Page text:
by Destine Williams


Hey, everybody, Destine here from The Zen Zone. Don’t shoot me for the pun. There’s a good reason for it I swear!

Maybe you’ve run into the problem of your settings feeling a little too thin, or characters feeling too cardboardy. But at the same time you don’t want to make huge lists and sheets of things to make something unique.

And that’s good, erm not good that you have the problem, good that you probably don’t want to make the lists. Because as I’ve mentioned before, more is not better, unless you can actually use all of those things effectively.

So I’ll share a little technique that’s made my writing flow a lot easier. And I call it the peeling technique. You’re free to write it down or just keep it in your head. Whatever makes it easiest and most helpful for you.

And here’s how you do it.

Step 1: Do a character/setting/ object/ whatever you want to focus on sketch. You can skip this however, if you have something in mind. But you may still want to jot down the qualities of your subject that you are absolutely not willing to part with because these are your core traits that people will likely associate with your subject.

Step 2: Add one unique quality/ quirk/ like/ dislike/etc event to your subject. But don’t just stop there. How did your subject come to have it? Is it a welcome change or nah? A flaw that other people notice? Are there memories associated with this new change?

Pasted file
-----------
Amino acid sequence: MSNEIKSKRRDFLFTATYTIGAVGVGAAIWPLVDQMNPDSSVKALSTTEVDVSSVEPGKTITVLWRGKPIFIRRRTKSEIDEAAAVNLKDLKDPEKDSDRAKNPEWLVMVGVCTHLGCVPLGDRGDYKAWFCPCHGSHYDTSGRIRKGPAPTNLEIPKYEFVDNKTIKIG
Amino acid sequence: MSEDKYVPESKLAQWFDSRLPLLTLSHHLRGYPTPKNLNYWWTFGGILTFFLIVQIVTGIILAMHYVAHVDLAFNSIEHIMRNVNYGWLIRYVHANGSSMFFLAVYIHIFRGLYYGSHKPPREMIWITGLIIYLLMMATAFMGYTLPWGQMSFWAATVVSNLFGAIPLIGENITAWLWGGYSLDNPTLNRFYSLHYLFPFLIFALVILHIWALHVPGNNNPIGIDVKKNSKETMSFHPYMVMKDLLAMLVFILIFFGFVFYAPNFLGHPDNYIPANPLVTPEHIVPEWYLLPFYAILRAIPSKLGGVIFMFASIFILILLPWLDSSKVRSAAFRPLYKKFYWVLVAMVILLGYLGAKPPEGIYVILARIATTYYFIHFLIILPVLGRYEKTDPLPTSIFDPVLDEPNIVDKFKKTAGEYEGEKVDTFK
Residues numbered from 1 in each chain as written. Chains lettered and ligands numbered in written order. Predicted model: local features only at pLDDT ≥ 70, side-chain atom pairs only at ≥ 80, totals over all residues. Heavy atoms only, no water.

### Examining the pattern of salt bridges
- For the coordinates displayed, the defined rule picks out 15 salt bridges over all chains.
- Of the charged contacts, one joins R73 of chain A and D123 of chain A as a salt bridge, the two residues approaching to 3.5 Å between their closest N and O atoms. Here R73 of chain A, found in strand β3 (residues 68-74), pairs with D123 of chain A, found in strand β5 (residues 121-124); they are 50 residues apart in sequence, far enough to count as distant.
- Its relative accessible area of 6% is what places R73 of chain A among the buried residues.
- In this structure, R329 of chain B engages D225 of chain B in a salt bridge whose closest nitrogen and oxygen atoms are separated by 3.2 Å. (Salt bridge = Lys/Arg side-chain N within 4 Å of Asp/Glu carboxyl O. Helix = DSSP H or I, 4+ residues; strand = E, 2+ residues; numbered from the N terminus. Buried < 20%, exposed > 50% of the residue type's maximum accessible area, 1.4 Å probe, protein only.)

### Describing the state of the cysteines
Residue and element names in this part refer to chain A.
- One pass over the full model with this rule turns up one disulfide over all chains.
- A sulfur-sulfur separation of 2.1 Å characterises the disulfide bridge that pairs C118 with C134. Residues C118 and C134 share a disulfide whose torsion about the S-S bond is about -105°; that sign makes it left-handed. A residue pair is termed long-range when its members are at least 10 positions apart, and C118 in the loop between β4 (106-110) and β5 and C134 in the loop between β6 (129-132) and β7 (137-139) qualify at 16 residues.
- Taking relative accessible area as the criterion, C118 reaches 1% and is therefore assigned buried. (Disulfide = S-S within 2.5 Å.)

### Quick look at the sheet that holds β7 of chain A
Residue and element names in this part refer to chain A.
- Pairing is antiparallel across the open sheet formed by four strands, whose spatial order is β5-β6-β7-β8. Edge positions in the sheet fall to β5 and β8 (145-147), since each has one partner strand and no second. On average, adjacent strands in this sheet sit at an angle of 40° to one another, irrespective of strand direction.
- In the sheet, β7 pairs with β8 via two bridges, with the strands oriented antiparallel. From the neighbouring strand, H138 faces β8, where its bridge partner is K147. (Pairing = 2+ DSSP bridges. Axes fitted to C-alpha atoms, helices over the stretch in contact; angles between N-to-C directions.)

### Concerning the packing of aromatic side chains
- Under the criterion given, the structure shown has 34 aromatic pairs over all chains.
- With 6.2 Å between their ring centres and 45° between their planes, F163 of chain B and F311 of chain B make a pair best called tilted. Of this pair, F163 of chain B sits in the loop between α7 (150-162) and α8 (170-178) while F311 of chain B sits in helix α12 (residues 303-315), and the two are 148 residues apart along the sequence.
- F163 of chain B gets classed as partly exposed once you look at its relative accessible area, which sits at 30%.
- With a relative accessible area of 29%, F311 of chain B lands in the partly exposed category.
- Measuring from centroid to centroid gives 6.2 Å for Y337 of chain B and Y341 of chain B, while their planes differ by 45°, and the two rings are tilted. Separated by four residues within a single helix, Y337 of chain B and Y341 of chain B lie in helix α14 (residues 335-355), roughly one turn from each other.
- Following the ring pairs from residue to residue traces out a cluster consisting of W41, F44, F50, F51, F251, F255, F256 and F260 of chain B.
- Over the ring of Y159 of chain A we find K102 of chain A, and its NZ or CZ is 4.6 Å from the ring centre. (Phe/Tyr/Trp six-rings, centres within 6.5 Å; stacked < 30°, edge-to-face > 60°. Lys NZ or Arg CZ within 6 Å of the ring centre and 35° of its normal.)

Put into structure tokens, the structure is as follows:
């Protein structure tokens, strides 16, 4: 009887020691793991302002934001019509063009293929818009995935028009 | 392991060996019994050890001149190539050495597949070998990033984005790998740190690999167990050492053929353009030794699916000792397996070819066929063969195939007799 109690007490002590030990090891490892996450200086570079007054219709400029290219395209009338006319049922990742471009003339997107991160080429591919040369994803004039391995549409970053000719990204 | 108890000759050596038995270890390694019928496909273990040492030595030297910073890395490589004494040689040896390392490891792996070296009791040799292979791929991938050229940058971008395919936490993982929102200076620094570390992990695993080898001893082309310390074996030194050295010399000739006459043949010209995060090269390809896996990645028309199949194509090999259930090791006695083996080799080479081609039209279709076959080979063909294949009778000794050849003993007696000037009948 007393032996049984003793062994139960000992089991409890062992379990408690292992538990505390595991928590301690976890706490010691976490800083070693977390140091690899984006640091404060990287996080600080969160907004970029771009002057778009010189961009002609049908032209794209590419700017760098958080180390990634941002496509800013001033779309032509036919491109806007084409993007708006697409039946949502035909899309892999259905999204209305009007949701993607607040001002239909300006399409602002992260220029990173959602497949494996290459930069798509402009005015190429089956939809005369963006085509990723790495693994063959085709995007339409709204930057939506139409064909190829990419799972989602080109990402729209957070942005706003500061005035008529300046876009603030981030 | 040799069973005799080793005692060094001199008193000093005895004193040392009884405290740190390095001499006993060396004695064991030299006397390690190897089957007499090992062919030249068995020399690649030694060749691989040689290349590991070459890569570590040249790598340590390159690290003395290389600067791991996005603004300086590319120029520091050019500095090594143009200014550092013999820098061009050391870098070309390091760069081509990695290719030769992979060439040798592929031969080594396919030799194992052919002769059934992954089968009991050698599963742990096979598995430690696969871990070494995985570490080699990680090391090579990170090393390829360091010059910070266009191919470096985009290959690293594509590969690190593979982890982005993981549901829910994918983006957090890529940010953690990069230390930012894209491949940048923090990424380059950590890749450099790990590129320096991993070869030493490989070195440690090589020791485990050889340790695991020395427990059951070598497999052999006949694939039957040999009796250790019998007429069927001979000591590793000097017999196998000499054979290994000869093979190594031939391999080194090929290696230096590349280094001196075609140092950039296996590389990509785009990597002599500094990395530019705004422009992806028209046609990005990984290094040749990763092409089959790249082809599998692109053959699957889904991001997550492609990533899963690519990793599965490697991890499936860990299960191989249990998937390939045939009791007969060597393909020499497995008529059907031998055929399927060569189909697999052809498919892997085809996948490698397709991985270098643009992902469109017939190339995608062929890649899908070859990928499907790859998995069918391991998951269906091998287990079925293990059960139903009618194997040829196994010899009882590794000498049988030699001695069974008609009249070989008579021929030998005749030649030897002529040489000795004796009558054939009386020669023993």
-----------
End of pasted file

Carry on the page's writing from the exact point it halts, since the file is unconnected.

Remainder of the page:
Step 3: Repeat step 2 until you feel you’ve got a more rounded subject. I wouldn’t recommend doing this too much for one subject. Maybe like 2-3 times at first, unless you’ve created something new, then you might need more. But do keep in mind that the more attention you give these new additions in your book, the more you’re saying that they’re important and will be used at some point. So if that’s not your intent, do be careful!

Step 4: Check where you can use this new addition(s) in the story. If you can use it somewhere at least once, you’re solid, but it’s even better if you can use what you’ve peeled more than once. More use helps it get solidified in a reader’s mind which in turn helps it become a signature trait that people associate with your subject.

That’s about all I have on the subject. Hopefully it helps. Happy writing all!





Destine Williams is the author of Vicissitude: Yang Side (Lost Earth), musician of its official soundtrack, and the founder of The Zen Zone where she gives tips and tricks to help out fellow writers. If you are interested in more posts like this, check out more here.